University of Pennsylvania Museum of Archaeology and Anthropology
Mediterranean Section Research at the Penn Museum

Each summer, students studying archaeological science in the Center for the Analysis of Archaeological Materials (CAAM) can participate in a summer field program at various archaeological sites in the Mediterranean. Under the guidance of Dr. Chantel White, students learn the fundamentals of sampling, processing, and analyzing plant remains while in the field. In 2018 this seven-week field program included sites in Greece and Israel.

Gordion is one of the most important archaeological sites in the Near East, royal capital of King Midas and the place where Alexander the Great was said to have cut the famous Gordian Knot.

This project consists of an excavation and exploration of the environment and resources of the Bronze Age and historical harbor settlement of Priniatikos Pyrgos, located in the west-central Gulf of Mirabello area, eastern Crete. Goals of this project include documenting the cultural history, trade contacts, and industries of the region from the Neolithic through the Venetian and Ottoman periods.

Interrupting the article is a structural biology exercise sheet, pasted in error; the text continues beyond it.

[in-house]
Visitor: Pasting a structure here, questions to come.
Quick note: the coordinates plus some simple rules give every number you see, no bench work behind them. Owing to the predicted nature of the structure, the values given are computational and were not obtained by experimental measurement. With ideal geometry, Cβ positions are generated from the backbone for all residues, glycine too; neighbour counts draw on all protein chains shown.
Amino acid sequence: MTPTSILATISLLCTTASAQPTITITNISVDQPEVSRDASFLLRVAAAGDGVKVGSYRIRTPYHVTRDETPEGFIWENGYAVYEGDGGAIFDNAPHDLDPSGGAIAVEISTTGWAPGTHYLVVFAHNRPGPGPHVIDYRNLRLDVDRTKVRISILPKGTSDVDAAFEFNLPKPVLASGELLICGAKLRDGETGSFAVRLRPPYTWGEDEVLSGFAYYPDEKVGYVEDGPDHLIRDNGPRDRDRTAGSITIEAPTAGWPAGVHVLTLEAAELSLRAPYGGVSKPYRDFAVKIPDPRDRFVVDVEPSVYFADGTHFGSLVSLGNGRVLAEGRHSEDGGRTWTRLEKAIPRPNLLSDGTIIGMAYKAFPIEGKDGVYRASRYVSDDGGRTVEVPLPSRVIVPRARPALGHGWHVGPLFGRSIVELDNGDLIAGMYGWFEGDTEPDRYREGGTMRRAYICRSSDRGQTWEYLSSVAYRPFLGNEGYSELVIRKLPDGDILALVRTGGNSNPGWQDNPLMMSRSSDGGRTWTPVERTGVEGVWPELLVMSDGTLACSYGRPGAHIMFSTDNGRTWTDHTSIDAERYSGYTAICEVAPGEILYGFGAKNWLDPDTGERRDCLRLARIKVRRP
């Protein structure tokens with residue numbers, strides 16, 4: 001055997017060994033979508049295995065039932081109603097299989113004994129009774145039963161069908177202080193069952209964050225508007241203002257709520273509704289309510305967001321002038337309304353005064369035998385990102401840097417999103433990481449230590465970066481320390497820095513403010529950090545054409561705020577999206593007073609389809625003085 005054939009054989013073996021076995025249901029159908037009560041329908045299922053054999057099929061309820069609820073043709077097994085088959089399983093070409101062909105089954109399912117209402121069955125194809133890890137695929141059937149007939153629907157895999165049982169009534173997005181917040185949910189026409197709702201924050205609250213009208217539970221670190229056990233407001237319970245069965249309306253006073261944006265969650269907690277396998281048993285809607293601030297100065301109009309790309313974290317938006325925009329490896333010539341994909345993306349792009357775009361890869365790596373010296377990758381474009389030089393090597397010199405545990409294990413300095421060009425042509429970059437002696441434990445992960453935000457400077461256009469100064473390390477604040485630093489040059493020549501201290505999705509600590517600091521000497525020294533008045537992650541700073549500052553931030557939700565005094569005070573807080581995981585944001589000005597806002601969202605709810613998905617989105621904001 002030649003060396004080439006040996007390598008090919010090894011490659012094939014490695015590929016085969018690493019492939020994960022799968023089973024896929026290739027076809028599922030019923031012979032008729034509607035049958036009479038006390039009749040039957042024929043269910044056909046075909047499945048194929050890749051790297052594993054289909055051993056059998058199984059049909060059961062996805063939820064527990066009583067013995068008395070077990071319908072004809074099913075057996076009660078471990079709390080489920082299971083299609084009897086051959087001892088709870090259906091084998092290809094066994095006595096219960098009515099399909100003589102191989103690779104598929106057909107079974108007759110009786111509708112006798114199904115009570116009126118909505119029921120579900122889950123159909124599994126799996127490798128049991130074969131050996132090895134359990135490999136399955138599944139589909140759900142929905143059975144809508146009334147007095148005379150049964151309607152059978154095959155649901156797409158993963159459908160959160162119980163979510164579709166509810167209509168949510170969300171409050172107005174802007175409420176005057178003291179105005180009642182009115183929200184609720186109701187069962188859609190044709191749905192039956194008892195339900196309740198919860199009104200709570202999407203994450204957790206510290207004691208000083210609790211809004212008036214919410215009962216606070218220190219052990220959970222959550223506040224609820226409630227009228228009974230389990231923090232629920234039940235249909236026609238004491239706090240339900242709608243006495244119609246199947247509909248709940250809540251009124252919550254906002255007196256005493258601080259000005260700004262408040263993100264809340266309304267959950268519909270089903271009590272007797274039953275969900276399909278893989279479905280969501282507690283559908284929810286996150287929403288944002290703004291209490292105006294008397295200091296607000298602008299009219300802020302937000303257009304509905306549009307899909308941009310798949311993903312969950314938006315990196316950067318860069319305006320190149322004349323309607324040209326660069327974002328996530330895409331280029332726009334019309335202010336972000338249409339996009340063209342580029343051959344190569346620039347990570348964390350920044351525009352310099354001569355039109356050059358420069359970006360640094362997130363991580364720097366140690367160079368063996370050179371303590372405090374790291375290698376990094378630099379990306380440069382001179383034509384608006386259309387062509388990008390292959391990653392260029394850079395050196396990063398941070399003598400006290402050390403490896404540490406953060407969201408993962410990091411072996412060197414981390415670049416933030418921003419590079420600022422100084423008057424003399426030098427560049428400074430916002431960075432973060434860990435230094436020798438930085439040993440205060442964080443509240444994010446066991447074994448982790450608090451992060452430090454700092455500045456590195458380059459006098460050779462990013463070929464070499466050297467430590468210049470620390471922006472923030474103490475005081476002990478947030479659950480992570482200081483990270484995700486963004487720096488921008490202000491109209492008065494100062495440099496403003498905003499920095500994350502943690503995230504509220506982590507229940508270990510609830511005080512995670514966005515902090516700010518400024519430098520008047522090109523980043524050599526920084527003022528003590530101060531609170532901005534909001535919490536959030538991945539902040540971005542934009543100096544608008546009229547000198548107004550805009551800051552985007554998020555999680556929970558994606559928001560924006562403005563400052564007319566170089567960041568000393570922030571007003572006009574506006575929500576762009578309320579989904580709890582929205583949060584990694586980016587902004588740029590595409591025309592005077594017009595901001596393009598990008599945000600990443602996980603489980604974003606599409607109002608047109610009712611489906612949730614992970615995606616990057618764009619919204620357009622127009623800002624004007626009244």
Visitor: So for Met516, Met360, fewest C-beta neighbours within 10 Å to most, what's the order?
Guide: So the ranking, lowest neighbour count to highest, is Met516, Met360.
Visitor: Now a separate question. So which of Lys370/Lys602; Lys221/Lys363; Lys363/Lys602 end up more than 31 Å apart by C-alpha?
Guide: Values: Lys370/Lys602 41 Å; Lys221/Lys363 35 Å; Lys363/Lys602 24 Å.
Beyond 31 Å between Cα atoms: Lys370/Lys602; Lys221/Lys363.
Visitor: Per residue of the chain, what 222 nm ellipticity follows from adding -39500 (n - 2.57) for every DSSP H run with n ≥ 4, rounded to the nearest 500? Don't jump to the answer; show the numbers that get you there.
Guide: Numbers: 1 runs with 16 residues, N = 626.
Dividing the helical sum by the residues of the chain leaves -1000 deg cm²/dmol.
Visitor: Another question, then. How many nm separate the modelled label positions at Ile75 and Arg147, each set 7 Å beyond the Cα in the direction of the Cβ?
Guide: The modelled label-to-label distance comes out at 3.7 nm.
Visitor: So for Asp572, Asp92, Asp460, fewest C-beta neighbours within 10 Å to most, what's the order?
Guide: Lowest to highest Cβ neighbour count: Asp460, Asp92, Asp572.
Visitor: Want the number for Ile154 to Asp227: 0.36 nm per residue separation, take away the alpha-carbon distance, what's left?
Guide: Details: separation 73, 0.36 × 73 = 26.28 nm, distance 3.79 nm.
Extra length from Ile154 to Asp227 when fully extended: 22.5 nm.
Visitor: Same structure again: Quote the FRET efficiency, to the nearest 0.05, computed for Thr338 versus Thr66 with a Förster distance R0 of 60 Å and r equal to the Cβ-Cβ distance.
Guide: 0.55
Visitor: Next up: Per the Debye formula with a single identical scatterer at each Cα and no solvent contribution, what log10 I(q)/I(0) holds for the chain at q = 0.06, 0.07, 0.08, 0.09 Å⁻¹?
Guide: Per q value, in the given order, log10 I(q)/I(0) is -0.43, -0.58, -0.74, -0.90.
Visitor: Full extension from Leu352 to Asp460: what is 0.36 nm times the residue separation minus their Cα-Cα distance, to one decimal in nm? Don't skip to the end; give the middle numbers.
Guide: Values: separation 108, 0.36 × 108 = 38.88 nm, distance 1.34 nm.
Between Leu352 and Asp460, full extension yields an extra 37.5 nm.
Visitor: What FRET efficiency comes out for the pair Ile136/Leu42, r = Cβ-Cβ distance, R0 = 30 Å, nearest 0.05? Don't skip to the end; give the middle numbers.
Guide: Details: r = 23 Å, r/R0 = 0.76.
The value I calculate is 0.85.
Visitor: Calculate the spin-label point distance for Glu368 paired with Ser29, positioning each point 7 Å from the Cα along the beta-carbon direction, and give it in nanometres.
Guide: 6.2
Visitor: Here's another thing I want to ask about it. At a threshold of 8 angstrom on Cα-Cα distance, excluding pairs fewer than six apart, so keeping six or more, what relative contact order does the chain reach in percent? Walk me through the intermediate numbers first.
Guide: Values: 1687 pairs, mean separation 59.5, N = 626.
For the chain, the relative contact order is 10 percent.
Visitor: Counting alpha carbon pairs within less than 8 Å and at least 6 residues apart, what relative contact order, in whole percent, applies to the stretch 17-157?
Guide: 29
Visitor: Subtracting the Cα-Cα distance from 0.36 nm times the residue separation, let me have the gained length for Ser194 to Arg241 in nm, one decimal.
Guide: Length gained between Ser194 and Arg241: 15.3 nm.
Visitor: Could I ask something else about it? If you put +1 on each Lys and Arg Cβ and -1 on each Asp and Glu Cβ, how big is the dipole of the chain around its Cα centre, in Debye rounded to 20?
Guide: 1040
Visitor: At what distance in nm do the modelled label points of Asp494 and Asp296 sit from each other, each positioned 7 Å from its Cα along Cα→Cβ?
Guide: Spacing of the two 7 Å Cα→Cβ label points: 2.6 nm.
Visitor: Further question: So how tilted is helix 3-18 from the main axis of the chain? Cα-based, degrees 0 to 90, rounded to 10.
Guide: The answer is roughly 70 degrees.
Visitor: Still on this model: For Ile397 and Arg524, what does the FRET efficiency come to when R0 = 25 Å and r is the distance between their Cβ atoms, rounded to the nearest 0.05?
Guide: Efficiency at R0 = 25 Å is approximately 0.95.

Gordion (Turkey) Paleoethnobotanical and "Ecopark" Project: Appreciating plants in Central Anatolia.

The Roman Peasant Project seeks to uncover the lived experience of the peasantry in the Roman period: their diet, economic activities, and social networks. We exploit a combination of field survey, geophysical exploration and targeted, rescue-style excavation, and place these results alongside evidence gleaned from historical, zoo-archaeological, archaeo-botanical and geological sources. Our aim is to produce 'thick descriptions' of the lives of the poorest rural inhabitants of this world, who formed perhaps as much as 90% of the population of the Mediterranean in antiquity.

The archaeological and ethnohistorical survey found major shifts in the settlement patterns of the island. The Punic and Roman periods developed a landscape of several urban centers within a countryside of villas and farms.

Saronic Harbors Archaeological Research Project (SHARP) focuses on Kalamianos, a Mycenaean harbor town of the 13th century BCE, unique for the extensive surface preservation of architectural foundations and walls. Kalamianos may have been Mycenae’s main Saronic harbor, and is perhaps the Eionai listed in the Homeric Catalogue of Ships.

© Penn Museum 2019 Sitemap | Contact | Copyright | Disclaimer | Privacy |